In order to present Christianity in a world that has “come of age,” Bonhoeffer invites us to strip Christianity of all nonessential elements. He invites us to rethink our churches, our congregations, our sermons, our liturgies, and our Christian lives. He invites us to “nonreligiously” reinterpret “the concepts of repentance, faith, justification, rebirth, and sanctification.”
In order to be a missional church in a “religionless world,” Bonhoeffer wants us to ponder how we can talk about God, presupposing religious metaphysics. Like Søren Kierkegaard, he wants us to think of Christ not as an object of religion, but as a living passionate subject who is the lord of every being. He wants us to think first and foremost about proclaiming God’s righteousness and kingdom on earth, saving souls.
What matters is not the beyond but this world, how it is created and preserved, is given laws, reconciled, and renewed. What is beyond this world is meant, in the gospel, to be there for this world—not in the anthropocentric sense of liberal, mystical, pietistic, ethical theology, but in the biblical sense of the creation and the incarnation, crucifixion, and resurrection of Jesus Christ. —Letters and Papers from Prison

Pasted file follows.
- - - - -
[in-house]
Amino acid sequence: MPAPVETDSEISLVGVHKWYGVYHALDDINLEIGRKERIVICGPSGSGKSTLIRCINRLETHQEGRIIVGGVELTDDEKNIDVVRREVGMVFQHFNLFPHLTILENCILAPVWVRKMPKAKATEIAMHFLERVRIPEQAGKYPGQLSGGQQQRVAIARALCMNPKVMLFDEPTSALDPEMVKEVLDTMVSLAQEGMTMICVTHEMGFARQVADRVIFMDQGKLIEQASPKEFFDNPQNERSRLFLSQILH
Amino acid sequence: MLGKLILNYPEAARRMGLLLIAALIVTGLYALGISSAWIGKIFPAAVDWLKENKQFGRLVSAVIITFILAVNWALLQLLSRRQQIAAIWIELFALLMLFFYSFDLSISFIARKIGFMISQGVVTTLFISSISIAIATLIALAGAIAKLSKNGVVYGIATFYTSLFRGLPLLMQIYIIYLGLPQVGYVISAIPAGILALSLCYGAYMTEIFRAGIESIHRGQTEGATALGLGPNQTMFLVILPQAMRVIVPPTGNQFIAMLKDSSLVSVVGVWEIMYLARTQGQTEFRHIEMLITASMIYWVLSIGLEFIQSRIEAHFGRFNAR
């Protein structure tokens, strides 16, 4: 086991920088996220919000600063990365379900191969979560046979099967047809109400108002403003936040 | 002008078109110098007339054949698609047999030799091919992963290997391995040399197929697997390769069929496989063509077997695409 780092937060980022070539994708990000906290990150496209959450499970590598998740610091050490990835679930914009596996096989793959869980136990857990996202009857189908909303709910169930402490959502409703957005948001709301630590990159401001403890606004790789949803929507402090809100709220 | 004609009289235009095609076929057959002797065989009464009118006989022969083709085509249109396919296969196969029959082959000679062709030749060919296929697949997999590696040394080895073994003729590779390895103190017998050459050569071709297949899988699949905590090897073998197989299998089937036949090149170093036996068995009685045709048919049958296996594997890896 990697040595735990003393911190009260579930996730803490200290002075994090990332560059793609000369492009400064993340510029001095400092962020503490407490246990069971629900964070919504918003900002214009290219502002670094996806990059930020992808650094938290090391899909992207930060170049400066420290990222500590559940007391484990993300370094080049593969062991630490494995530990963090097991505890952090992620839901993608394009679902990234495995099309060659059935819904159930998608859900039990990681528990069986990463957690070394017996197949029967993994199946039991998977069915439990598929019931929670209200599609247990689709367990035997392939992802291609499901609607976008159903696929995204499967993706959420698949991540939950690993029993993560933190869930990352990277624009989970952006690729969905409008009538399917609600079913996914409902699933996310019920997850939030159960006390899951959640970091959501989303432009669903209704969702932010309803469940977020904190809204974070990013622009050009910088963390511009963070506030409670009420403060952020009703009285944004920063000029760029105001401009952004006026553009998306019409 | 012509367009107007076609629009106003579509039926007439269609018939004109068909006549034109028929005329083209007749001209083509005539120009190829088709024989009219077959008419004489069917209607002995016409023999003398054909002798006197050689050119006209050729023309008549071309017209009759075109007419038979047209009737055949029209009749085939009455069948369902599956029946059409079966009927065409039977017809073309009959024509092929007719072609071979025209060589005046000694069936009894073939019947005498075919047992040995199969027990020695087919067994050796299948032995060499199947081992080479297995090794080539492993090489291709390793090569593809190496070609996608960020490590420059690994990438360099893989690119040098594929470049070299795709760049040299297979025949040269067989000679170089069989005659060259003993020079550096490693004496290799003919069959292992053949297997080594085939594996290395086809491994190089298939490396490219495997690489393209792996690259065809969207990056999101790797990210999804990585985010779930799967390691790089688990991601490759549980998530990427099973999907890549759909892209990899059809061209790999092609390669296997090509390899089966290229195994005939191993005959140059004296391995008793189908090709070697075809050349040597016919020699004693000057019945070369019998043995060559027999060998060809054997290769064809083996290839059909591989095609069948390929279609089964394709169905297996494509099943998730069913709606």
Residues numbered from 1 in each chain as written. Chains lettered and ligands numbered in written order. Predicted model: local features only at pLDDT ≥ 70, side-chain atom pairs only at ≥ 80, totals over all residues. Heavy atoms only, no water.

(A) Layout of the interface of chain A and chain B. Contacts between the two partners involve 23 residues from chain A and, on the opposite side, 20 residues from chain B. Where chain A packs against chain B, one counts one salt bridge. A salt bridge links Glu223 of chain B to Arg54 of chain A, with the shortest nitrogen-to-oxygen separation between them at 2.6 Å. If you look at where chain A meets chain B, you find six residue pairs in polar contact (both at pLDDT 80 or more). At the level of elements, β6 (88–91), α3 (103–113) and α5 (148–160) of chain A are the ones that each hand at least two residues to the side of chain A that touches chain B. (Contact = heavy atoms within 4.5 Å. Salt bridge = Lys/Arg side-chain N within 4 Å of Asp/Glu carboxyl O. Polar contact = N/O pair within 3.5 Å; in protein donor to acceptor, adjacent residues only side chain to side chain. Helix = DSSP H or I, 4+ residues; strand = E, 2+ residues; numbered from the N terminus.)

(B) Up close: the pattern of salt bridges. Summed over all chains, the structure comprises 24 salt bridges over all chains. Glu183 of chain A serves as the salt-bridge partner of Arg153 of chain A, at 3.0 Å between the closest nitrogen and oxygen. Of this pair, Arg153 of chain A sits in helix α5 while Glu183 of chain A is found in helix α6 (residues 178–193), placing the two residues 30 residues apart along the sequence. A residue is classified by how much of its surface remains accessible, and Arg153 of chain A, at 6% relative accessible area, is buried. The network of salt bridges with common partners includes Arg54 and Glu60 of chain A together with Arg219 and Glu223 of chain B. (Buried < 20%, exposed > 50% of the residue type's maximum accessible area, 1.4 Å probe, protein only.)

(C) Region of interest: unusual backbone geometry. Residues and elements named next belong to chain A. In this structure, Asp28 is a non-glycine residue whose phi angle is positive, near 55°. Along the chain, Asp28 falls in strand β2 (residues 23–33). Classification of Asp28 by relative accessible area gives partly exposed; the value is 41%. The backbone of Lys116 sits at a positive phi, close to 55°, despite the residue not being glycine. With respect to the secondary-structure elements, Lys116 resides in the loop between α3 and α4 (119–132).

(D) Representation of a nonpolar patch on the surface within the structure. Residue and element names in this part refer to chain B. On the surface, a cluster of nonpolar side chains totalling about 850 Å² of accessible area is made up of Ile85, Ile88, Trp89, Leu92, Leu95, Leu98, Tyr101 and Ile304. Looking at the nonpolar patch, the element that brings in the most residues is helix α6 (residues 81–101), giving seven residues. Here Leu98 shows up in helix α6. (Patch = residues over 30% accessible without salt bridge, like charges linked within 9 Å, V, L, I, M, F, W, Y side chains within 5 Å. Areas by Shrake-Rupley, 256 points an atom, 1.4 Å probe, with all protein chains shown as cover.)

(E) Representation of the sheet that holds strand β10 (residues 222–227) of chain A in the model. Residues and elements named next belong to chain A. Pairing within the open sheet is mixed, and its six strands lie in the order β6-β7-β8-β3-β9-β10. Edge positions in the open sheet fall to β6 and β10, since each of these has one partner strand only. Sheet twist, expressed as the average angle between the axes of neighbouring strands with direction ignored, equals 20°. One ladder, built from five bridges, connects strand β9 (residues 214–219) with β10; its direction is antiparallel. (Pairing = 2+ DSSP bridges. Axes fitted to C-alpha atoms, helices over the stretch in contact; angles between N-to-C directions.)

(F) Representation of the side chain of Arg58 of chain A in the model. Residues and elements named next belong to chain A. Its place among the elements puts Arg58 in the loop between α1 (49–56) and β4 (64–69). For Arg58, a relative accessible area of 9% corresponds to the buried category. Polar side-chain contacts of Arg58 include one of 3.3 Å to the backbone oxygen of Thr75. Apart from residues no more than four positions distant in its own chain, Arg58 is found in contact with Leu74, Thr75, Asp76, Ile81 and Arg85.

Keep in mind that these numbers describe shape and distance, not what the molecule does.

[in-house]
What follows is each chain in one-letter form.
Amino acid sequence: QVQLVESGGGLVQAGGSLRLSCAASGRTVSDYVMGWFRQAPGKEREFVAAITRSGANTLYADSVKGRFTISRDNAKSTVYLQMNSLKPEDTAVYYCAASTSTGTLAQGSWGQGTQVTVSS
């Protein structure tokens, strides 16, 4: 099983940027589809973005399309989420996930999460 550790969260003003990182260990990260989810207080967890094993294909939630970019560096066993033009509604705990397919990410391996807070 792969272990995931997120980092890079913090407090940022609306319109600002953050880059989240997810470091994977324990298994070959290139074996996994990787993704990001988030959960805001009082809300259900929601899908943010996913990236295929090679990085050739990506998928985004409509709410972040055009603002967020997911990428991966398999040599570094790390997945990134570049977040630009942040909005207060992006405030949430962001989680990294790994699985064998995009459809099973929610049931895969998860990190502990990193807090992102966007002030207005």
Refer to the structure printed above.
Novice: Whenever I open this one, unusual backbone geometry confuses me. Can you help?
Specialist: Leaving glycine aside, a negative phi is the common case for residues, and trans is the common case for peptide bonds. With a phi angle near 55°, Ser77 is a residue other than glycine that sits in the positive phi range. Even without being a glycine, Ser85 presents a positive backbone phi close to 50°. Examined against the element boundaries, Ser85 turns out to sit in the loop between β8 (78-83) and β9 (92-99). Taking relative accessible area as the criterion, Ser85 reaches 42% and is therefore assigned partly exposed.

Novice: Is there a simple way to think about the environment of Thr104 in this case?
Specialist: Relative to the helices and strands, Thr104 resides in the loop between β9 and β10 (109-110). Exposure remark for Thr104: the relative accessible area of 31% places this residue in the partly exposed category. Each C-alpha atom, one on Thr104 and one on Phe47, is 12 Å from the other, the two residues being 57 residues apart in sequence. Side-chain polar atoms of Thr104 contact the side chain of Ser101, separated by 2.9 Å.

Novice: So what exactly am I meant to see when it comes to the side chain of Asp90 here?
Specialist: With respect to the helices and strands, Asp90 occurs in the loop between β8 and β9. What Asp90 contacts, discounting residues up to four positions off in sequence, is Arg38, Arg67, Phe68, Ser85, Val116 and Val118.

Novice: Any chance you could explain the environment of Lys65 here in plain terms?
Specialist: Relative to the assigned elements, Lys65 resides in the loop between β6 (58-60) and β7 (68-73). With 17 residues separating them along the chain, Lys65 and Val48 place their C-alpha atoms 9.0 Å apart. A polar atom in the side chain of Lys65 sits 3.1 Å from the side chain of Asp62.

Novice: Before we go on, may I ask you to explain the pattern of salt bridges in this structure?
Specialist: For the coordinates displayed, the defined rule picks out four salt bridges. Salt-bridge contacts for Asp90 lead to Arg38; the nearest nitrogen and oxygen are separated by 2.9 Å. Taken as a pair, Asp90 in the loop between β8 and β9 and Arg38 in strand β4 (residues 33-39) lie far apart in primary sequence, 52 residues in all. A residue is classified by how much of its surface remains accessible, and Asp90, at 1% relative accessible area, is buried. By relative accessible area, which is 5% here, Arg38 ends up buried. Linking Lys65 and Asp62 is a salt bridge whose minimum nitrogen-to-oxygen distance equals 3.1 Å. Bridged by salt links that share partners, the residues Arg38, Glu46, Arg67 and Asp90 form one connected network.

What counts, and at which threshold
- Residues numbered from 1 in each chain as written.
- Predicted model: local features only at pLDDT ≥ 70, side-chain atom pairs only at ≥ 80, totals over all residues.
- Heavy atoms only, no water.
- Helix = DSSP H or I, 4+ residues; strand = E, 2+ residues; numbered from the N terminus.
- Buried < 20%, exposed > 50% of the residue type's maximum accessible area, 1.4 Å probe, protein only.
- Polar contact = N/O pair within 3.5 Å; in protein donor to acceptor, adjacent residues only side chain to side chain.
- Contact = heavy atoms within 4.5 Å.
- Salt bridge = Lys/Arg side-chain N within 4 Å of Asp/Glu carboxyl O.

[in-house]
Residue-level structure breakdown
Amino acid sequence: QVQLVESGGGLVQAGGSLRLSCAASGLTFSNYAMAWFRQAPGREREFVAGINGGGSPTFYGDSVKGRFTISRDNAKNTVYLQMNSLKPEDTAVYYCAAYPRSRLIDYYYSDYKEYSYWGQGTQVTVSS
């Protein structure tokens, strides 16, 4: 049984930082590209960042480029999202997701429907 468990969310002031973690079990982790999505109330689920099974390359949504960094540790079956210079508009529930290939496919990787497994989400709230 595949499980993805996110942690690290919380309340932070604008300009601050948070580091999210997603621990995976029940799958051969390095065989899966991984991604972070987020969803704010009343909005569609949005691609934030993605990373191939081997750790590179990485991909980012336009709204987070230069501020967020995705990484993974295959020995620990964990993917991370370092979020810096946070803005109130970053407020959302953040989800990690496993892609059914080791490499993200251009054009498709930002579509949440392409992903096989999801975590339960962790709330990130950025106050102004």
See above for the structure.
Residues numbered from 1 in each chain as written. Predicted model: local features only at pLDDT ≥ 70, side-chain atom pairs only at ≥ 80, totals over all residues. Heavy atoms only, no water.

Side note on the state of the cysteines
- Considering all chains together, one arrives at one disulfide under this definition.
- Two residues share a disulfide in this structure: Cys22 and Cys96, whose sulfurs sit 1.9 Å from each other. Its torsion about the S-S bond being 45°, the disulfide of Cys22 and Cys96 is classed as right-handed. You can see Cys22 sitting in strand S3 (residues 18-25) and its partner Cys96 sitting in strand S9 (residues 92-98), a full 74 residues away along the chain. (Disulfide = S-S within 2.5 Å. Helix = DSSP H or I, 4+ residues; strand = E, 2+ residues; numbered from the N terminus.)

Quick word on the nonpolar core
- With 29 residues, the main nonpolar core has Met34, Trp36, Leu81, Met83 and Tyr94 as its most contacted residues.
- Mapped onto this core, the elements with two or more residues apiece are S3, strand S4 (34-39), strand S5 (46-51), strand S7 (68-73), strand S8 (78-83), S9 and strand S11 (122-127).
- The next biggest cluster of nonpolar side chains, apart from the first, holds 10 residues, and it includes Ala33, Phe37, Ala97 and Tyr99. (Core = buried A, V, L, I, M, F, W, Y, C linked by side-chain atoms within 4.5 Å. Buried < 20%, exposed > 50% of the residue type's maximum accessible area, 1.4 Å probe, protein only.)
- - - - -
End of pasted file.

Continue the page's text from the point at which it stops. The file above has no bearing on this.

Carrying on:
For those of us who are interested in natural theology, Bonhoeffer is important for two reasons: his concern with the true relationship between God and scientific knowledge, and his solution to the problem of pain and suffering.
The true relationship between God and scientific knowledge
Bonhoeffer’s idea of religionless Christianity not only opens a door for us to reach a post-Christian world, but it can help us understand the true relationship between God and scientific knowledge.
Our God, according Bonhoeffer, is not deus ex machina—a mechanical being that appears just in time to solve our insoluble problems. He is not a being that we evoke as an explanation of the inexplicable due to our epistemic limitation. He is not a being that we only call upon to offer us strength when are powerless and weak.
If God was such a being, then he is no longer needed in our world that is learning to solve its own problems (or at least, to believe it can). Such a God is “pushed further away and thus is ever on the retreat.”1
Bonhoeffer wants us to “speak of God not at the boundaries but in the center, not in weakness but in strength, thus not in death and guilt but in human life and human goodness.”
He wrote: “When I reach my limits, it seems to me better not to say anything and to leave what can’t be solved unsolved. Belief in the resurrection is not the “solution” to the problem of death. God’s “beyond” is not what is beyond our cognition! Epistemological transcendence has nothing to do with God’s transcendence. God is the beyond in the midst of our lives. The church stands not at the point where human powers fail, at the boundaries, but in the center of the village.”2